“Why We Eat Better,” Life, November 19, 1951

“Why We Eat Better,” Life, November 19, 1951

Courtesy of Hagley Museum and Library

Refrigerators symbolized a new era of American affluence and abundance. Consumers could choose from a variety of models in a range of colors with innovations such as separate freezers. Magazines showcased a cornucopia of fresh and frozen foods, underscoring the productivity of American farms and a higher standard of living.

Hotpoint refrigerator, about 1960

Power companies and manufacturers told consumers that “living electrically” would make domestic chores a snap. In reality, appliances often meant more work for housewives, who were expected to have cleaner houses and fancier food. But a belief in labor-saving devices and styling increased sales and fueled production of consumer durables. Refrigerator manufacturers advertised freezers as signs of innovation and progress. From Swanson dinners to Birdseye frozen vegetables, frosted food brought a variety of new products to Americans more cheaply and changed the way people ate.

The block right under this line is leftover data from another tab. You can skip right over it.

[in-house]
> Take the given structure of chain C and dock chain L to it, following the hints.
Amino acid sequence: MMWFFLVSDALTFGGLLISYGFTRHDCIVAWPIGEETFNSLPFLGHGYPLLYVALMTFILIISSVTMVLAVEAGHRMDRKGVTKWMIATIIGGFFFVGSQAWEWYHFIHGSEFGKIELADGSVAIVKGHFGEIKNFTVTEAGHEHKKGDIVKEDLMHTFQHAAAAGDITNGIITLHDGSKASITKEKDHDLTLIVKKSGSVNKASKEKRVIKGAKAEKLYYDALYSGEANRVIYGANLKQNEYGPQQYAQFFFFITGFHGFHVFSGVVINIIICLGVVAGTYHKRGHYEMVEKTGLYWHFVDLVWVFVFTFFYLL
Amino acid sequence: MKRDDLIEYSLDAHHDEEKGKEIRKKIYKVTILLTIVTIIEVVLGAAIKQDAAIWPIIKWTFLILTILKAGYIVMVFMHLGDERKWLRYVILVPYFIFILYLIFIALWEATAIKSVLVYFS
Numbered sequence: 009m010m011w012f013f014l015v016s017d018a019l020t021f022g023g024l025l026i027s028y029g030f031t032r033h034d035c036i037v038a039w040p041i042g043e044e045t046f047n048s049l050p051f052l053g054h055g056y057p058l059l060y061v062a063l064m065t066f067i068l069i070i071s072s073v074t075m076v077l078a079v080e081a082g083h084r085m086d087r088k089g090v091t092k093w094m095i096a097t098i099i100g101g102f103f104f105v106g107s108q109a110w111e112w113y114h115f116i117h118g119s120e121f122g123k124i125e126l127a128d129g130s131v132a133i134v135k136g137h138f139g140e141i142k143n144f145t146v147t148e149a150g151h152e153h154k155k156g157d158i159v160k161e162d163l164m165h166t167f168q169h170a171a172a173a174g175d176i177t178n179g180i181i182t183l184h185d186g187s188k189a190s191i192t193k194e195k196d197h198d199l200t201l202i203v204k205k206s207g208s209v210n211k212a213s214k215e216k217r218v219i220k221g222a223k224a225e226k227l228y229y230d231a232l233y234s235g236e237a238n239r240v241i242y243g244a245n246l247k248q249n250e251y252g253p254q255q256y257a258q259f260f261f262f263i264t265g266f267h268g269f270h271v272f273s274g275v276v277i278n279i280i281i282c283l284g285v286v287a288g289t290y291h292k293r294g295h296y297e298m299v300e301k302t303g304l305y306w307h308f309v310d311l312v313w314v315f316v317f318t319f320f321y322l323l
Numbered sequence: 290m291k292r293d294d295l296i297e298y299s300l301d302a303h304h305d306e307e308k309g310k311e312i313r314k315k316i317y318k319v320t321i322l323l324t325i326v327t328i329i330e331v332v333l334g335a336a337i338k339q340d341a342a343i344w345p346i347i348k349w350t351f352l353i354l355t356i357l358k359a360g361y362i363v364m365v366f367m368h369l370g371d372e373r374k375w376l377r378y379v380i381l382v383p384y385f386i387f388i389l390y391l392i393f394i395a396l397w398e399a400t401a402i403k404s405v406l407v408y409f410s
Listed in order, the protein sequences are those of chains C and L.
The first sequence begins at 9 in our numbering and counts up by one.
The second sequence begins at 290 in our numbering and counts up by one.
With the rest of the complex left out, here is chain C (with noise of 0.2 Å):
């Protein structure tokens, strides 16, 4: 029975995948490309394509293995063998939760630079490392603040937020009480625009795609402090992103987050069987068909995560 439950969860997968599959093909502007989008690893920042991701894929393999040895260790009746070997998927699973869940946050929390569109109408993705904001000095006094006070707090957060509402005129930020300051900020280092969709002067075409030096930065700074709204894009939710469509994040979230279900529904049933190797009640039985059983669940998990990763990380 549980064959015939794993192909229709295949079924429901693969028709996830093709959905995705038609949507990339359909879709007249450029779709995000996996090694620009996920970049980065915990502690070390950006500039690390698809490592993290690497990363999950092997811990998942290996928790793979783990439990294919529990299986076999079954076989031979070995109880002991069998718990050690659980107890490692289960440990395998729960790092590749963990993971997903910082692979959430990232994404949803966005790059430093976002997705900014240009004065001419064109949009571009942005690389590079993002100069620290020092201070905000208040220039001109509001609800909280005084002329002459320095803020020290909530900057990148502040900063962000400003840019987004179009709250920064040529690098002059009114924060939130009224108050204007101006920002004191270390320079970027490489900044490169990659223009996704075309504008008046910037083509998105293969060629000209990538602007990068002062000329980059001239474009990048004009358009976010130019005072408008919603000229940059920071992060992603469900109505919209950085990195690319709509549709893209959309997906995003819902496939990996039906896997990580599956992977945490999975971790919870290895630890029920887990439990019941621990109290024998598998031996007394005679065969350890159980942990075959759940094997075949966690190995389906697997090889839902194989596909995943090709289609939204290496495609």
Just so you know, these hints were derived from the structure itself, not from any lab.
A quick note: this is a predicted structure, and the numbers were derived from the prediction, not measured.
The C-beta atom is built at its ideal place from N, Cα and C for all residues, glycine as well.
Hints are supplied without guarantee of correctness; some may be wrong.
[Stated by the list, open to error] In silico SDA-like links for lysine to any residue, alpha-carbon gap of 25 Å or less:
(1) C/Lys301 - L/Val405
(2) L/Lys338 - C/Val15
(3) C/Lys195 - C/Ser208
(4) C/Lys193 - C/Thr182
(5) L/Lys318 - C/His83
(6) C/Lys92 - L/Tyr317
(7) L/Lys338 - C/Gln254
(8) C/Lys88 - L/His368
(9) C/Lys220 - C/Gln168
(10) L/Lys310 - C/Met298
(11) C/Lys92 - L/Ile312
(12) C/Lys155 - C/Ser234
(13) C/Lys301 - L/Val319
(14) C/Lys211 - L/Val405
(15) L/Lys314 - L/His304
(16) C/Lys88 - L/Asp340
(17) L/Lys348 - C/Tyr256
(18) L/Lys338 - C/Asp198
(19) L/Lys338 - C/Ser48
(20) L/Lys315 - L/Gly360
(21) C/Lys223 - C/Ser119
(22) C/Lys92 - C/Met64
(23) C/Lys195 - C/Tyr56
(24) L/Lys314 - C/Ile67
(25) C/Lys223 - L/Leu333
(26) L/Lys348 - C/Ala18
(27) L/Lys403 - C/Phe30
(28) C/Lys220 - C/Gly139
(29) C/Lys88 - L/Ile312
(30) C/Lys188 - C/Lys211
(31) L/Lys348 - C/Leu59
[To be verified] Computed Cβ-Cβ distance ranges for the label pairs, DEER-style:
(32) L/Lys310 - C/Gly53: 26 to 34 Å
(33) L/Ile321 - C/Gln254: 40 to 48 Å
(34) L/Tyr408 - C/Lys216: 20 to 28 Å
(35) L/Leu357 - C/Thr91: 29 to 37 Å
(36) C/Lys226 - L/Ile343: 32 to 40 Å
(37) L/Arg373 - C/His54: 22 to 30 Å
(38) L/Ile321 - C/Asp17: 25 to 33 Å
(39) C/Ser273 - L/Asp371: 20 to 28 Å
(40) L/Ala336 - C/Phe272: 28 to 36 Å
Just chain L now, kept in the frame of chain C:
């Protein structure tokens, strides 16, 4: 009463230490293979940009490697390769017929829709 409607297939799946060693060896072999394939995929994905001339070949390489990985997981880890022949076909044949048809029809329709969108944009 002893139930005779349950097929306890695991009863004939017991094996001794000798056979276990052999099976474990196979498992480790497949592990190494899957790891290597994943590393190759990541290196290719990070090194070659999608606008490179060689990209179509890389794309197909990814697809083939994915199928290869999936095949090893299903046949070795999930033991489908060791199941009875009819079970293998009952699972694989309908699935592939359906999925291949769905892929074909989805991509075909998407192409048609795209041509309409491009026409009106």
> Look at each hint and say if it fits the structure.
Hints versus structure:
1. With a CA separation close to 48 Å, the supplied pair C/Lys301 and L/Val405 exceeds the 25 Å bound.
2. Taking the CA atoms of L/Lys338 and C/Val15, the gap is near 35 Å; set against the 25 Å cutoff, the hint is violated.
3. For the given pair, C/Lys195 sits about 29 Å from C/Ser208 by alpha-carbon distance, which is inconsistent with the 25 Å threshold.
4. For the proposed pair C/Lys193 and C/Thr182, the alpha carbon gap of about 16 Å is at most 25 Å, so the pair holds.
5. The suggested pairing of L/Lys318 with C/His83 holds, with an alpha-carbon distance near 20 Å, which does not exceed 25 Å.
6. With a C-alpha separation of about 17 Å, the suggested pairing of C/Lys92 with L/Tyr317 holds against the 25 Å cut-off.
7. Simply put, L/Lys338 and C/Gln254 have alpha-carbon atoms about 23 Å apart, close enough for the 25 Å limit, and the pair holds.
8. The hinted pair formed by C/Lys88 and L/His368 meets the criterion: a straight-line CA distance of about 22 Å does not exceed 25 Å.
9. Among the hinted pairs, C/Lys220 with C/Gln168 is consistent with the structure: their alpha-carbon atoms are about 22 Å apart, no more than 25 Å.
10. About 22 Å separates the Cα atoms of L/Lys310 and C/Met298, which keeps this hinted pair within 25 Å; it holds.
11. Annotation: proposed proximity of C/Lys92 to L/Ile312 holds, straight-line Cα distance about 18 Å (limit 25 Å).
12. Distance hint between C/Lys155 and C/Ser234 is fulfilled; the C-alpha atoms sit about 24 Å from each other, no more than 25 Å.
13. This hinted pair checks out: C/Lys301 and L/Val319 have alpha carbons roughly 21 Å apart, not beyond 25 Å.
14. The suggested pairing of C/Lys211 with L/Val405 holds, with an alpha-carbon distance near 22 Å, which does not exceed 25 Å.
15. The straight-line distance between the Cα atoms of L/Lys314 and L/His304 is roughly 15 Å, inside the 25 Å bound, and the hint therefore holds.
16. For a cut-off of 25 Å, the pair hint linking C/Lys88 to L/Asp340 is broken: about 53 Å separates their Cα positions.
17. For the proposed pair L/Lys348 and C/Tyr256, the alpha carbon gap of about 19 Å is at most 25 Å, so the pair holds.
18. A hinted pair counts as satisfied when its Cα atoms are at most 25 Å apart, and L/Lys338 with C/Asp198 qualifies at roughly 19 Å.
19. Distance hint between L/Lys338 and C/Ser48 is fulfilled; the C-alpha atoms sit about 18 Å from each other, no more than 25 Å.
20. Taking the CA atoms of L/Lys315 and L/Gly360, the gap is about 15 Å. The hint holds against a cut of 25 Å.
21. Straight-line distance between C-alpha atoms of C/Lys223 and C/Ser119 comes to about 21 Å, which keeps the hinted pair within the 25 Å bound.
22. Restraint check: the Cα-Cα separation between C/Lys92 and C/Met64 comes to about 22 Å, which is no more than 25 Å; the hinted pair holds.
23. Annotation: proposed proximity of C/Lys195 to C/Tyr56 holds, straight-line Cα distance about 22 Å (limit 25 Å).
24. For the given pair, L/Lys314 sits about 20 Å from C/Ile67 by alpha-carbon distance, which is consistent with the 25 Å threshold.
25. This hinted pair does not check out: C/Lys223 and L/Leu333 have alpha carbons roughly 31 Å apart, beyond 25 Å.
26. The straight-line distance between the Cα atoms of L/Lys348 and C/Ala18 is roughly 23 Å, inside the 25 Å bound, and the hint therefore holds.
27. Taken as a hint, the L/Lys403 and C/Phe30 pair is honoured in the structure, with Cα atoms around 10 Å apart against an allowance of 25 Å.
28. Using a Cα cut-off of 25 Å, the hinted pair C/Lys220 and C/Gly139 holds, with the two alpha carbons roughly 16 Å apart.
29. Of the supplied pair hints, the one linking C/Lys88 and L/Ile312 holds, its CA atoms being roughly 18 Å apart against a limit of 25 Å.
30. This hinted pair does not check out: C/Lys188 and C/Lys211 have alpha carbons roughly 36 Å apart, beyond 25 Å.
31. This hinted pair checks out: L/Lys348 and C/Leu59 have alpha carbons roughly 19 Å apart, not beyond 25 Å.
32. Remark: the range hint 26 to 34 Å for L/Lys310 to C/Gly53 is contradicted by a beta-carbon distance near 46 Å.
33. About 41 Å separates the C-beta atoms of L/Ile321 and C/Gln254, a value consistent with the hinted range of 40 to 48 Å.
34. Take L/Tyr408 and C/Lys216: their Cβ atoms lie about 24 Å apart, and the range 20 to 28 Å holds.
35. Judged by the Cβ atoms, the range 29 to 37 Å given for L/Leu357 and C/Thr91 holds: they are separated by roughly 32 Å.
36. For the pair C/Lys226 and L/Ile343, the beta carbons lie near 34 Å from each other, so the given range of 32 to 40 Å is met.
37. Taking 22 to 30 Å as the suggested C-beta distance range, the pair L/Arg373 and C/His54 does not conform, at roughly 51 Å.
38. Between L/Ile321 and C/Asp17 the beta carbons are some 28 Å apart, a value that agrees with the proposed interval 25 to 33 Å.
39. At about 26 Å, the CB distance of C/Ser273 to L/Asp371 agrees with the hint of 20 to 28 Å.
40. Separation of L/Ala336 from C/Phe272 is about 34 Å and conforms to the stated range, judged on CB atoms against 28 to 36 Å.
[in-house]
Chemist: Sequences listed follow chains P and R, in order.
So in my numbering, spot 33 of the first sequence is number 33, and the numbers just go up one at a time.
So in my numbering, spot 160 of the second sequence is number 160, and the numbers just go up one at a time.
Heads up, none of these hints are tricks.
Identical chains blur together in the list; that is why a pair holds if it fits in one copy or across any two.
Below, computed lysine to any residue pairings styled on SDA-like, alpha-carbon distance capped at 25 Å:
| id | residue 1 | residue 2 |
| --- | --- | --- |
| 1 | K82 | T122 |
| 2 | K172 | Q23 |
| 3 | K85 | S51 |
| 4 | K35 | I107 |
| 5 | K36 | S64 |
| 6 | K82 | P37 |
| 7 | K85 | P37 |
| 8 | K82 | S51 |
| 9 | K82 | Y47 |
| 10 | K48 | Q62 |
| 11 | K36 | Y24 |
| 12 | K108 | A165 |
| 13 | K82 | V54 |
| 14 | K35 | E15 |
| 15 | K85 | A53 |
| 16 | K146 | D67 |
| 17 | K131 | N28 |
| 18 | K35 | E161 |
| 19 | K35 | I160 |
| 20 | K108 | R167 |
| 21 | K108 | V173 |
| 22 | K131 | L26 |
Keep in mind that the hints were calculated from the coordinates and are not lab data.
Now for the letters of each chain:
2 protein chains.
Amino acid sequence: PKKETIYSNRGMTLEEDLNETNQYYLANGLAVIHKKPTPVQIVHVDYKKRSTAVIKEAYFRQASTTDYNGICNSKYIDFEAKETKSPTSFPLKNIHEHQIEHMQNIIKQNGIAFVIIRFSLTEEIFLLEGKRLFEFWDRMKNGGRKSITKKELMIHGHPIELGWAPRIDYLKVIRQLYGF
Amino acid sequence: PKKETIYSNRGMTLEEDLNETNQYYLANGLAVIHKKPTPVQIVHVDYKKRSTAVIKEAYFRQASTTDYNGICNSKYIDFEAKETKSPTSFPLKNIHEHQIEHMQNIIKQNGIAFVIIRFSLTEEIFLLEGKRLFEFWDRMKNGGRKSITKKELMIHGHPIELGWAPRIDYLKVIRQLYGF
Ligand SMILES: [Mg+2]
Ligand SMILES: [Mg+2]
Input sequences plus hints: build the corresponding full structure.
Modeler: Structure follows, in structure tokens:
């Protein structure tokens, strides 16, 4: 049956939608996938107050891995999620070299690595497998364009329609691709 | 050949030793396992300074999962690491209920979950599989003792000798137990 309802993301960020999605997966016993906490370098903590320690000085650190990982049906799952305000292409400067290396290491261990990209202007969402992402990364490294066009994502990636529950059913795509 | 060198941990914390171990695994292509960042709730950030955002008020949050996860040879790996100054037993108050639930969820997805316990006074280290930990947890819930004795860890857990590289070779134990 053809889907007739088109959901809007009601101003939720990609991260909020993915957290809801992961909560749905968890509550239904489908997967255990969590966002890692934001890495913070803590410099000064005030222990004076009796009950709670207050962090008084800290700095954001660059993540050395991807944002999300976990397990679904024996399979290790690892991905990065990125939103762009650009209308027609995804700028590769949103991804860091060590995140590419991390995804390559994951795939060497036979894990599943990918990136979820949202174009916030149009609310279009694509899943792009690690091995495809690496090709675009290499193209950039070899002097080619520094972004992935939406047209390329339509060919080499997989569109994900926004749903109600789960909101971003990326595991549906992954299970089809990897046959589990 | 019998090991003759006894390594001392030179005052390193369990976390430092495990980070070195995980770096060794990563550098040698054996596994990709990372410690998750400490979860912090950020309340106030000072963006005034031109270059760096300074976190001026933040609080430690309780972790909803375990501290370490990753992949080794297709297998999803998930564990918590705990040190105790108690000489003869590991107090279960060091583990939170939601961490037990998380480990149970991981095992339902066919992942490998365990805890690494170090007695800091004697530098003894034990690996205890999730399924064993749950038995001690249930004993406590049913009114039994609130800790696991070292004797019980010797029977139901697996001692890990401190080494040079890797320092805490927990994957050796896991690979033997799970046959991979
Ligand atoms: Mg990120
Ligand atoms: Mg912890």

Sunbeam Mixmaster, about 1955

Coffeemaster, 1950s–1960s

Kenmore “elevator” toaster, 1957

Tupperware and other new flexible plastics appeared in postwar kitchens and quickly began to replace glass containers. Tupperware also turned houses into places of commerce as housewives sold the product through home parties.

Tupperware shaker, 1950s
The Wishing Well / Tupperware Jubilee plate, 1957

Screenshot of the Consumer Era Table interactiveWould you like to learn more about these objects and other related stories from the Consumer Era? Click on the screenshot above to open an interactive display in a new window.